Does Plato succeed in demonstrating that philosophers make the best rulers?

Essay by vensonB+, March 2004

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In Plato's most famous work, the 'Republic', he puts forward the view that the ideal state, embodying the highest and best capabilities of human social life, can really be achieved, if the right people are put in charge: "There will be no end to the troubles of humanity...till philosophers become kings in this world, or till those we now call kings and rulers really and truly become philosophers, and political power and philosophy thus come into the same hands" (473d). In many ways it can be seen that the strict and rigorous selection and education of the Guardians that he proposes could well produce healthy and balanced rulers, but there are a number of problems with the system of philosopher rulers as a whole, that lead me to believe that they may not make the best rulers after all.

In analysing whether philosophers do make the best rulers, it must first be understood what it is about philosophers that Plato thinks makes them most suitable for the role.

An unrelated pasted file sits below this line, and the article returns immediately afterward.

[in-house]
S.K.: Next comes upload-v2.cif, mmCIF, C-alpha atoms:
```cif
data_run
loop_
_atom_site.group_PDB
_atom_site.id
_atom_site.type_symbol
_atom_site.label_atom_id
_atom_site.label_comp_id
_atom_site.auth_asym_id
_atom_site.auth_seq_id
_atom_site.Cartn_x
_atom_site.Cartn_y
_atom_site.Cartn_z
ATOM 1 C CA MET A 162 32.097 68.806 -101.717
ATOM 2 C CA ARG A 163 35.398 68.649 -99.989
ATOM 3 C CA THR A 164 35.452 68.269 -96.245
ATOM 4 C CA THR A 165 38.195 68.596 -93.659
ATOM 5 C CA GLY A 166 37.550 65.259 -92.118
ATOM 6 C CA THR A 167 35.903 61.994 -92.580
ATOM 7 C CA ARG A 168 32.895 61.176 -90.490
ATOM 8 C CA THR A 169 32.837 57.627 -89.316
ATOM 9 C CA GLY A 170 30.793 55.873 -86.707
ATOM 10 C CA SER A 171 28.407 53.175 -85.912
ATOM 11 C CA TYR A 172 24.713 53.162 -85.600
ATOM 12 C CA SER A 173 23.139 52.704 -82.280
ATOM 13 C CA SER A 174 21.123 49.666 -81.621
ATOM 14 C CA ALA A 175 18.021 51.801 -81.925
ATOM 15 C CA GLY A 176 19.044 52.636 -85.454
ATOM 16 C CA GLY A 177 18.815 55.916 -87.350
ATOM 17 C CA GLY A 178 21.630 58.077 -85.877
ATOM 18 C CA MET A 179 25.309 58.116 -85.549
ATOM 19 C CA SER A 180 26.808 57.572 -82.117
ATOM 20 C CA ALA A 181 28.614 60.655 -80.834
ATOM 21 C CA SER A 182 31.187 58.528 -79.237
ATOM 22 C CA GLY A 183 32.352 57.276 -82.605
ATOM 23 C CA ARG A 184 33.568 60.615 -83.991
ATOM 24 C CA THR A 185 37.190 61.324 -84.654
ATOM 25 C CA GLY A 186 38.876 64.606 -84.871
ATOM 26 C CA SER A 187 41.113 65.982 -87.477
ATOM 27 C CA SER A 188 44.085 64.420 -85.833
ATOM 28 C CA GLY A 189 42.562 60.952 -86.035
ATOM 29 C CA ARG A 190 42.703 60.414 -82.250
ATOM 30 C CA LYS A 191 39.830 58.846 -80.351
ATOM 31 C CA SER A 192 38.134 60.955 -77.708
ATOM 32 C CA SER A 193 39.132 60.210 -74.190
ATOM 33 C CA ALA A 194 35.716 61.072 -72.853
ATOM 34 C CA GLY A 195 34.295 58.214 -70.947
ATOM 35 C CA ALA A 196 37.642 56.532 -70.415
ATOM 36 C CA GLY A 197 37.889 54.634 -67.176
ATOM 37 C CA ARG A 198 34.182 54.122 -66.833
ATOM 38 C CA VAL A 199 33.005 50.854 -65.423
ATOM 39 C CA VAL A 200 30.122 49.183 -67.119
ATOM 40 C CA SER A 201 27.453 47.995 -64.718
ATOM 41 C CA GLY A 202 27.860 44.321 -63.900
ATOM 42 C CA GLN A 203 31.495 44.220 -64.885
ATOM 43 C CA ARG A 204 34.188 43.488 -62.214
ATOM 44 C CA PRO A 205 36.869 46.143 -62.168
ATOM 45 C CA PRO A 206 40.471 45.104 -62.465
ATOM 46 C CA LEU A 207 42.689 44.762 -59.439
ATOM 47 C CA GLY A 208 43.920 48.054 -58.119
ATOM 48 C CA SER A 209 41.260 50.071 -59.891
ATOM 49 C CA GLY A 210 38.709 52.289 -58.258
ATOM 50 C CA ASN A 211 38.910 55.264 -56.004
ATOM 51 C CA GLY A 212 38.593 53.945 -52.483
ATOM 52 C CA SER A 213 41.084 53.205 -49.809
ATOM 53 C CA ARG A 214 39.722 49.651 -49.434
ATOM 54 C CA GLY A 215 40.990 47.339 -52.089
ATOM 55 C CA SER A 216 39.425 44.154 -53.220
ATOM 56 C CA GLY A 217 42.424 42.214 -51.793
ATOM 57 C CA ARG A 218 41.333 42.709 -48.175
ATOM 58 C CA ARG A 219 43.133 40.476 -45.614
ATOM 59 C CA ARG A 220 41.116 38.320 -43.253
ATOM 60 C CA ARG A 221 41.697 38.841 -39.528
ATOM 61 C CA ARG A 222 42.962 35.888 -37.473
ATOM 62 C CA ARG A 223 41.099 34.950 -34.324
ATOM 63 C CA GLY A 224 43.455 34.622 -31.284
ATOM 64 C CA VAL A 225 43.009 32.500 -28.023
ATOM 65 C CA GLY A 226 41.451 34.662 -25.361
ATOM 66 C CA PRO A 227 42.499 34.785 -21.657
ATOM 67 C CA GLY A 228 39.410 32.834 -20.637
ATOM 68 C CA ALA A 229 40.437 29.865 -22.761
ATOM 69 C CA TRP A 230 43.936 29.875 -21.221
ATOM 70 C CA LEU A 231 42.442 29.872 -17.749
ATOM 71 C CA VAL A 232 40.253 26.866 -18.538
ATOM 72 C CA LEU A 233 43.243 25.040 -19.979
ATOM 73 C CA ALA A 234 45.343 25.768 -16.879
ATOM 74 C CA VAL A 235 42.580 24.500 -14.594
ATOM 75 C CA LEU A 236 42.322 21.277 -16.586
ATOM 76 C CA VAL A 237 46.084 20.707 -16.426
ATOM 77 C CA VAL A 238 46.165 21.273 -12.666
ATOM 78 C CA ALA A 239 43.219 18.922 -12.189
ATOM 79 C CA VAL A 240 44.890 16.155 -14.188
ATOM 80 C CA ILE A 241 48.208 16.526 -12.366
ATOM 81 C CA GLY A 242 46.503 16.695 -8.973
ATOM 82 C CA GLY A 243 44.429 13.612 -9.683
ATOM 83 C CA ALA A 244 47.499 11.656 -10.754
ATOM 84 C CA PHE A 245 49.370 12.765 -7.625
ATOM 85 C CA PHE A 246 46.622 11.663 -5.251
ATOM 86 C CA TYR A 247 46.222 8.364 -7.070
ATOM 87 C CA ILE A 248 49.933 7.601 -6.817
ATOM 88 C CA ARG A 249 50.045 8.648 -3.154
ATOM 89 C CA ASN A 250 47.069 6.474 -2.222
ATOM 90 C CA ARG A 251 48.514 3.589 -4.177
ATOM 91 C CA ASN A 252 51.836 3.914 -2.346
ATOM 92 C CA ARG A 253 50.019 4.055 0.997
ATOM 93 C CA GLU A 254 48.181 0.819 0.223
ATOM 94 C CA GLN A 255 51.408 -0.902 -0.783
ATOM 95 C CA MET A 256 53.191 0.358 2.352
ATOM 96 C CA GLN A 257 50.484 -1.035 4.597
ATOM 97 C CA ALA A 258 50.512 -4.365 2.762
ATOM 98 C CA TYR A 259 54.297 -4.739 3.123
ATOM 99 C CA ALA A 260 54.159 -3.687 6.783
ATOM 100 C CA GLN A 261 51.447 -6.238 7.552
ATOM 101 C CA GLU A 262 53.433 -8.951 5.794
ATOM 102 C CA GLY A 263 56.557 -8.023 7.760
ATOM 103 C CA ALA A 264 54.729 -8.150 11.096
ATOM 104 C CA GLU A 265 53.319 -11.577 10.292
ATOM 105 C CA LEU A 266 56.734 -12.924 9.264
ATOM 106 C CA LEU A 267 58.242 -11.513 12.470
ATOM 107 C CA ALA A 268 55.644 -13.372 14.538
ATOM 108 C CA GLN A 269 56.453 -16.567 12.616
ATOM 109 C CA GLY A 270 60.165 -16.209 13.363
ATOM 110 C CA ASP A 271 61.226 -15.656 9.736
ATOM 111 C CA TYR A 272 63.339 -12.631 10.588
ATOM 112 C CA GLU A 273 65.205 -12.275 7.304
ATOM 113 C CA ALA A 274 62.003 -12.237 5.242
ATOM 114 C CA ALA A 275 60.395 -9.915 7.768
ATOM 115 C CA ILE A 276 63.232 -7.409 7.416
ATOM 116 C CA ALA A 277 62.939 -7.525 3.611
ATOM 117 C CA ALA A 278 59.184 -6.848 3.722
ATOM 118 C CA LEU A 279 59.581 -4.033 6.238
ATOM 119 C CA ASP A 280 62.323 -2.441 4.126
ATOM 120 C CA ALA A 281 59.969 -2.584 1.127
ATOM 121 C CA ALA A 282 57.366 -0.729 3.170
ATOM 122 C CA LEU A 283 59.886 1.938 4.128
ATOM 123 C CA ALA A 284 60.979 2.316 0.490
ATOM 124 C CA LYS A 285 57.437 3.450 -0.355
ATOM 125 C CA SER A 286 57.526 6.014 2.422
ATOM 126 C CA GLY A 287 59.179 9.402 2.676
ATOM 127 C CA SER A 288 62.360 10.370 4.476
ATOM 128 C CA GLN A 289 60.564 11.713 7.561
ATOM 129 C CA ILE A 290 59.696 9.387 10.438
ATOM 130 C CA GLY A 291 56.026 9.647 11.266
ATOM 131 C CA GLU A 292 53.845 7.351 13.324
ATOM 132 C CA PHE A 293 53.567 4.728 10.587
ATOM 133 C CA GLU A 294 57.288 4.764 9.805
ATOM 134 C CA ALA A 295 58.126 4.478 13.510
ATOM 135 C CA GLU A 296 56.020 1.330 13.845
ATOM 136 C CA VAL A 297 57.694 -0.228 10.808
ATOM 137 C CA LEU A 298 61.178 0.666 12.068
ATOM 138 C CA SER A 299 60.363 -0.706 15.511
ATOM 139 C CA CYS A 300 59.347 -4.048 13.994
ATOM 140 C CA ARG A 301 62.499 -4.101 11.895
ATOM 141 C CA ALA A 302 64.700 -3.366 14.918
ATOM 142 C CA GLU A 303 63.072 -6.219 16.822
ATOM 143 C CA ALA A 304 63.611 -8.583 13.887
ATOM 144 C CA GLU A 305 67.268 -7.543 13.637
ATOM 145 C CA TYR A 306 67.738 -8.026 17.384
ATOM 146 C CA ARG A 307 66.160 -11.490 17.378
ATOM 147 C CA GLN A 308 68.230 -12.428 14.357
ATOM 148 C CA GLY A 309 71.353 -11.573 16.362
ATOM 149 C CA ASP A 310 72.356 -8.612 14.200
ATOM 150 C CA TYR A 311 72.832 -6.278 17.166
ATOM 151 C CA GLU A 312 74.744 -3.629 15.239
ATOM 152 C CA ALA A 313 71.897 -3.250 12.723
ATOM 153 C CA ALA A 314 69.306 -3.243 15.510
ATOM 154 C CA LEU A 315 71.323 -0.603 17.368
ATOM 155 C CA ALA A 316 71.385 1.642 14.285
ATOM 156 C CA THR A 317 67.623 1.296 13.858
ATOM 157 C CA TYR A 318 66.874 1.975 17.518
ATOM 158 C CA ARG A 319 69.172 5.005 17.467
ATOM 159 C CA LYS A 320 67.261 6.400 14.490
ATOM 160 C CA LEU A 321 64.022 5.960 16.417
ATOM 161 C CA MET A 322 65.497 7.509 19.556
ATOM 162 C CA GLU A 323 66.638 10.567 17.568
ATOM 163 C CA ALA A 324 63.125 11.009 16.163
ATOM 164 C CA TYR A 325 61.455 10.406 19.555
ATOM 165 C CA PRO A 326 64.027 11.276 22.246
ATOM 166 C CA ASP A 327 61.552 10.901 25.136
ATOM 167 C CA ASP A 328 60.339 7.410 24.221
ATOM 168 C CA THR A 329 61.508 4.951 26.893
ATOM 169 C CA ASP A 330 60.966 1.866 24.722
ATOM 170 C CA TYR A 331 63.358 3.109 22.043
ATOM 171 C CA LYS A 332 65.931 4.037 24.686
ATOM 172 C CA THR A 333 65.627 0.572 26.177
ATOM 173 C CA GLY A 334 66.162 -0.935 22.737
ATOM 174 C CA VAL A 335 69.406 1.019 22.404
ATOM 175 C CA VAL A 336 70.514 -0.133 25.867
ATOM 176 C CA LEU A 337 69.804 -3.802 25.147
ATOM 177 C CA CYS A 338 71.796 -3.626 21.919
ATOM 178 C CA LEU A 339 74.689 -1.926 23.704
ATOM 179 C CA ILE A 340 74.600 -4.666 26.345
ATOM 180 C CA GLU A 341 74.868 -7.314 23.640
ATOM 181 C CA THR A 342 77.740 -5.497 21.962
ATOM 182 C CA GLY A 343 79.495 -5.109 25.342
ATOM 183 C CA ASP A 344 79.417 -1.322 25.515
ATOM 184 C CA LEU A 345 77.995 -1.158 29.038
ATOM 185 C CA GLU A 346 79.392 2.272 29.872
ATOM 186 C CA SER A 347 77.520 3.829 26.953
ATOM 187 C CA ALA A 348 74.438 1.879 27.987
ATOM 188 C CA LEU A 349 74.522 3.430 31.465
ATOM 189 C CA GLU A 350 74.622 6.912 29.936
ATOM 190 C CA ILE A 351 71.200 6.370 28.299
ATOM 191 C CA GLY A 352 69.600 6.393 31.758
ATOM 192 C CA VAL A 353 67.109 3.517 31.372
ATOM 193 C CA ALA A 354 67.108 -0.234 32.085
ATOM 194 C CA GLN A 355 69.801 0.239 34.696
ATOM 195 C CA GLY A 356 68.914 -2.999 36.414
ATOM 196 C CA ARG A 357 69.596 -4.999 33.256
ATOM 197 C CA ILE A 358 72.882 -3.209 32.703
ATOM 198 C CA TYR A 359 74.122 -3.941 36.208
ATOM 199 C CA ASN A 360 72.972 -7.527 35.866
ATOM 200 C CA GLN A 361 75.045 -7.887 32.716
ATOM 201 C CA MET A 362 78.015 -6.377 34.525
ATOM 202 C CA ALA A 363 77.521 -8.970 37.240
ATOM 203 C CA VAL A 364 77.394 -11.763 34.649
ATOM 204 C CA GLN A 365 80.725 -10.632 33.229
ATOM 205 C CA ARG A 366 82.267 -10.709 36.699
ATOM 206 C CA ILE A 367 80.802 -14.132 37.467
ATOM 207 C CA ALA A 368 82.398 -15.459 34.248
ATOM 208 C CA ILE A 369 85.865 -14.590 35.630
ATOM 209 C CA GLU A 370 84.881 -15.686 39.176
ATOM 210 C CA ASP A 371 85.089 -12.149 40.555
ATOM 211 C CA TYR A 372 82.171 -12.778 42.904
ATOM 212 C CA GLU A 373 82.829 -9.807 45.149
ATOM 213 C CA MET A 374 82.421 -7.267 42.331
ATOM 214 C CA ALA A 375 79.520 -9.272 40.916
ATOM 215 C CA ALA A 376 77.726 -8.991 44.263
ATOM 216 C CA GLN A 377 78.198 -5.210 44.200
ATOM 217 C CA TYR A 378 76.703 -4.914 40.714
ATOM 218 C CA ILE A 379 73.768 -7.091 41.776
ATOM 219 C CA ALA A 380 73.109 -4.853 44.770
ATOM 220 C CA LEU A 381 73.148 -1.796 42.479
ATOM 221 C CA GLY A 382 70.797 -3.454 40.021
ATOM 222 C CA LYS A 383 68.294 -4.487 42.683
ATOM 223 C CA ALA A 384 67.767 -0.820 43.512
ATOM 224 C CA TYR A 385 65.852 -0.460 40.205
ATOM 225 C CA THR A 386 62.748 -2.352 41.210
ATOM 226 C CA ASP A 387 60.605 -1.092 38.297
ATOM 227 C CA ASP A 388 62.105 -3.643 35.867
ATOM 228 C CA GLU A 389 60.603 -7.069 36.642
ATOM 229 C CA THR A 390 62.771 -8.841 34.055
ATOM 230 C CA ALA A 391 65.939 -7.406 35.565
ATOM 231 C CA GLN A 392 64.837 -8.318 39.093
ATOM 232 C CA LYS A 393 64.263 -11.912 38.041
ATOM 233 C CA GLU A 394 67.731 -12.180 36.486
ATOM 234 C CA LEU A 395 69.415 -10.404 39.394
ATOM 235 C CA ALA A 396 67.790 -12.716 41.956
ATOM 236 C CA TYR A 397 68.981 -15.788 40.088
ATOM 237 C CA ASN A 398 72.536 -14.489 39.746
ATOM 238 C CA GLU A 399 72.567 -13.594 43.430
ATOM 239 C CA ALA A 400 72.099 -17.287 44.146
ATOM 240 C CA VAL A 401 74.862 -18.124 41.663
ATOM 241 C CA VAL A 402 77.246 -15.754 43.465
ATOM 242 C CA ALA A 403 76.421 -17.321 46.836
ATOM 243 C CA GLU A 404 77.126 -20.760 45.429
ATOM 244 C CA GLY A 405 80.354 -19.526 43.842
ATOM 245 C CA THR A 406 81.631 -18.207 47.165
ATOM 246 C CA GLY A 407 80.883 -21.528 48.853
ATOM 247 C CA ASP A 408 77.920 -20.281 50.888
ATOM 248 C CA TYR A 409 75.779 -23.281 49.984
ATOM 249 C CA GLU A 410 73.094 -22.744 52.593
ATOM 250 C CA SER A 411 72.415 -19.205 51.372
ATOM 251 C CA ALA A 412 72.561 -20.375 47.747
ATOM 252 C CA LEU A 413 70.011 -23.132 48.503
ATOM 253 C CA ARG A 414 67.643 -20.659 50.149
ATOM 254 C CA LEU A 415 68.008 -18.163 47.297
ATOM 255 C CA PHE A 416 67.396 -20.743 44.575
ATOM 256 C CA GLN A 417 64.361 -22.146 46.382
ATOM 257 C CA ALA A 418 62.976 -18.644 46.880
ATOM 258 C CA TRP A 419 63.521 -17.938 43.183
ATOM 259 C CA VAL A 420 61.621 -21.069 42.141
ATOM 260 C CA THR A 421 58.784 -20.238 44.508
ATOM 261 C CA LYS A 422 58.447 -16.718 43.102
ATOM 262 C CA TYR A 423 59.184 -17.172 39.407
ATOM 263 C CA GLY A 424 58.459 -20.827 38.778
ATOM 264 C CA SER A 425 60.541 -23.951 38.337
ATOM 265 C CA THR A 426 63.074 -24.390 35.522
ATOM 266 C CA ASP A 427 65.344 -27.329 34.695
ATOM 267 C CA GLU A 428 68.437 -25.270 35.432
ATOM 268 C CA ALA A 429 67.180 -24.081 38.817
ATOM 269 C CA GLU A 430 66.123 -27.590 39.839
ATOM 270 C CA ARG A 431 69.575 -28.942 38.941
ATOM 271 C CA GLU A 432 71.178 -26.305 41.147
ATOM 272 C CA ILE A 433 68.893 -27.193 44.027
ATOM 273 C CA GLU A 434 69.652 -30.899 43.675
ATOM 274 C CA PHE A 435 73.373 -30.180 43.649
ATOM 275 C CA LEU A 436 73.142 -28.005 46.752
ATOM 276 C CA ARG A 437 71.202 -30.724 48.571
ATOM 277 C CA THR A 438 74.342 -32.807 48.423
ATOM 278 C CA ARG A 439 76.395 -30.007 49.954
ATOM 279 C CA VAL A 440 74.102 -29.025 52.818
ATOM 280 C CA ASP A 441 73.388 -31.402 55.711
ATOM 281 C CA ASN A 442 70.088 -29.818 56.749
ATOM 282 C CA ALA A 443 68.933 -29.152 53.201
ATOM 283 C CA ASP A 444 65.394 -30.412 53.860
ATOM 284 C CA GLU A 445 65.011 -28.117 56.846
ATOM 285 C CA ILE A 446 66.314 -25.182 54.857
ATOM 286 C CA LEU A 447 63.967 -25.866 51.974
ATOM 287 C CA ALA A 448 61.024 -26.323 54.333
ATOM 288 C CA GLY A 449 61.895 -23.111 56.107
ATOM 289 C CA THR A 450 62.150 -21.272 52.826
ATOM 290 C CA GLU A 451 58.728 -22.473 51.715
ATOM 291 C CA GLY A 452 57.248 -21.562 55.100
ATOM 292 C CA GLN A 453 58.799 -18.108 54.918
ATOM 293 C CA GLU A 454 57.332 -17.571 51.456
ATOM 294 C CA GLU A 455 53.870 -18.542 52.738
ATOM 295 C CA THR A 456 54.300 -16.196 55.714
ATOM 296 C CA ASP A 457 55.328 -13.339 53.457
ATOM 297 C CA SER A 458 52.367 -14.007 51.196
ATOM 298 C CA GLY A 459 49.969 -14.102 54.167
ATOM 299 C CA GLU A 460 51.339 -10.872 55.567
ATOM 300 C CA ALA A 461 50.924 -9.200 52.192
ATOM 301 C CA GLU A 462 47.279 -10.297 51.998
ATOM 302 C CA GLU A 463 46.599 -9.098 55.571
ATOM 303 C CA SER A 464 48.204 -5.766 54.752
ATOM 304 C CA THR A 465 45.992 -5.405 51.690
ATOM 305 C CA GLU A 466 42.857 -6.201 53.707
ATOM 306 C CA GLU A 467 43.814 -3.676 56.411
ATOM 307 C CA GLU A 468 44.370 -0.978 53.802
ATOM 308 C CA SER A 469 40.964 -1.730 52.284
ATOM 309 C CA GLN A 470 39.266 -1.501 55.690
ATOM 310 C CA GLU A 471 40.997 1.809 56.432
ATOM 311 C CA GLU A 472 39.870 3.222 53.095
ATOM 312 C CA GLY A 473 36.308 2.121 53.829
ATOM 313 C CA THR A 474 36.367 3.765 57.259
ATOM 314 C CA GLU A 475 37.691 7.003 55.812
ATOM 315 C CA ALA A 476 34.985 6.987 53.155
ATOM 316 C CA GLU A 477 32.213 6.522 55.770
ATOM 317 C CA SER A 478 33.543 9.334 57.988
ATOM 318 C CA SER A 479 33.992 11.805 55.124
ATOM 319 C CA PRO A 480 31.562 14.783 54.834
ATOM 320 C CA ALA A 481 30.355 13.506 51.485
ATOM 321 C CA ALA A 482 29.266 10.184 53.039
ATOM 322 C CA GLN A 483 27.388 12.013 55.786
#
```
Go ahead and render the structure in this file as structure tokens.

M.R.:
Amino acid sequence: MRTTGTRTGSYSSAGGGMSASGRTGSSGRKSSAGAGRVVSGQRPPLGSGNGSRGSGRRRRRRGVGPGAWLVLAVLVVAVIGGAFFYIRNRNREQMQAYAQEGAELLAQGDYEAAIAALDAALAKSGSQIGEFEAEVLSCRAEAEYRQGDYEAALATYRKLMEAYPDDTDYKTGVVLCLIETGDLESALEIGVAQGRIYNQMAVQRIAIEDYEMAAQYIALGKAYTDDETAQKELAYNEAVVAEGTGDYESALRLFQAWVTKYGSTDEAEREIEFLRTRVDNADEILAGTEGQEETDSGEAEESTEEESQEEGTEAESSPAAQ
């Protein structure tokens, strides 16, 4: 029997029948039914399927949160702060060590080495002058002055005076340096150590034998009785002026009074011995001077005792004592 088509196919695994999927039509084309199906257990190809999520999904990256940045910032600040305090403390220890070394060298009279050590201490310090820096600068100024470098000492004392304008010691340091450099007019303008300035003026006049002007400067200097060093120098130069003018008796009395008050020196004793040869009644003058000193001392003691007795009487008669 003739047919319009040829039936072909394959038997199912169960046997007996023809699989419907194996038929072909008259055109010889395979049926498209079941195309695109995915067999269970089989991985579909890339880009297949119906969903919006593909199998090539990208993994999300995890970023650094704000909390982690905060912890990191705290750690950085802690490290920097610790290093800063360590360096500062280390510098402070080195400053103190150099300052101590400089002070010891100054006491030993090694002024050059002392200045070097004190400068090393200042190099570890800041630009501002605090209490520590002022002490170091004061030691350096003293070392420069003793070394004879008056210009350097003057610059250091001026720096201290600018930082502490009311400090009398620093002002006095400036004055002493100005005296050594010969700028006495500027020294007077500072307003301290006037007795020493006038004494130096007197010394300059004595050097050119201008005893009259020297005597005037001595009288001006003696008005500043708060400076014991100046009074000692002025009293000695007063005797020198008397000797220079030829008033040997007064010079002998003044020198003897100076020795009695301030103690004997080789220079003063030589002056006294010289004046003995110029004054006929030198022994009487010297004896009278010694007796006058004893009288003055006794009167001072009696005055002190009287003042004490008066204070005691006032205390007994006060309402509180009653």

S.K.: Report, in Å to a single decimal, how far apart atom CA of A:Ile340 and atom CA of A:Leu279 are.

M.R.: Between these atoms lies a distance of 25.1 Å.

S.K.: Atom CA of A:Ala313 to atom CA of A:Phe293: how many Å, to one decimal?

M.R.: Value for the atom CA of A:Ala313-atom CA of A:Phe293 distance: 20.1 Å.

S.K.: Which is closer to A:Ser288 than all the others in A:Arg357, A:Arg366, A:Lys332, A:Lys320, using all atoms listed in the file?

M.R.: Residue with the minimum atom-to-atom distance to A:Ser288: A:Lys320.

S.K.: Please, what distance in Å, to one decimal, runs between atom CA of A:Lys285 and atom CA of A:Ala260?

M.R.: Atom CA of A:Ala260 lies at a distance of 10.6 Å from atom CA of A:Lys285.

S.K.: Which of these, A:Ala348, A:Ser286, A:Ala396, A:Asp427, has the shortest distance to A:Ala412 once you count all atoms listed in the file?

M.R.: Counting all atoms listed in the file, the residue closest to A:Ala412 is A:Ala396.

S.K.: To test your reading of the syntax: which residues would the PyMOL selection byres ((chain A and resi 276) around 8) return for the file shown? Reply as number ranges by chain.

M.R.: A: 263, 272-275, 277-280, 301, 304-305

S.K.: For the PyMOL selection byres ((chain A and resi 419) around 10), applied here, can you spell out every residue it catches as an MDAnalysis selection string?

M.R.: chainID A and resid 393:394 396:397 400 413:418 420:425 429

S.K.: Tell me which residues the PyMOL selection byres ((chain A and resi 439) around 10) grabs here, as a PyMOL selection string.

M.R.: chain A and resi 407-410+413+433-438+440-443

Plato's concept of what politics and government should be is a direct result of his belief in the theory of forms. The theory of forms basically states that there is a higher "form" for everything that exists in the world. Each material thing is simply a representation of the real thing which is the form. According to Plato, most people cannot see the forms, they only see their representation or their shadows. Only those who love knowledge and contemplate on the reality of things will achieve understanding of the forms. Philosophers, who by definition are knowledge lovers, are the only beings who can reach true knowledge.

Plato is very specific about the natural qualities the rulers must have. They need a philosophical temperament to judge between what merely seems to be the...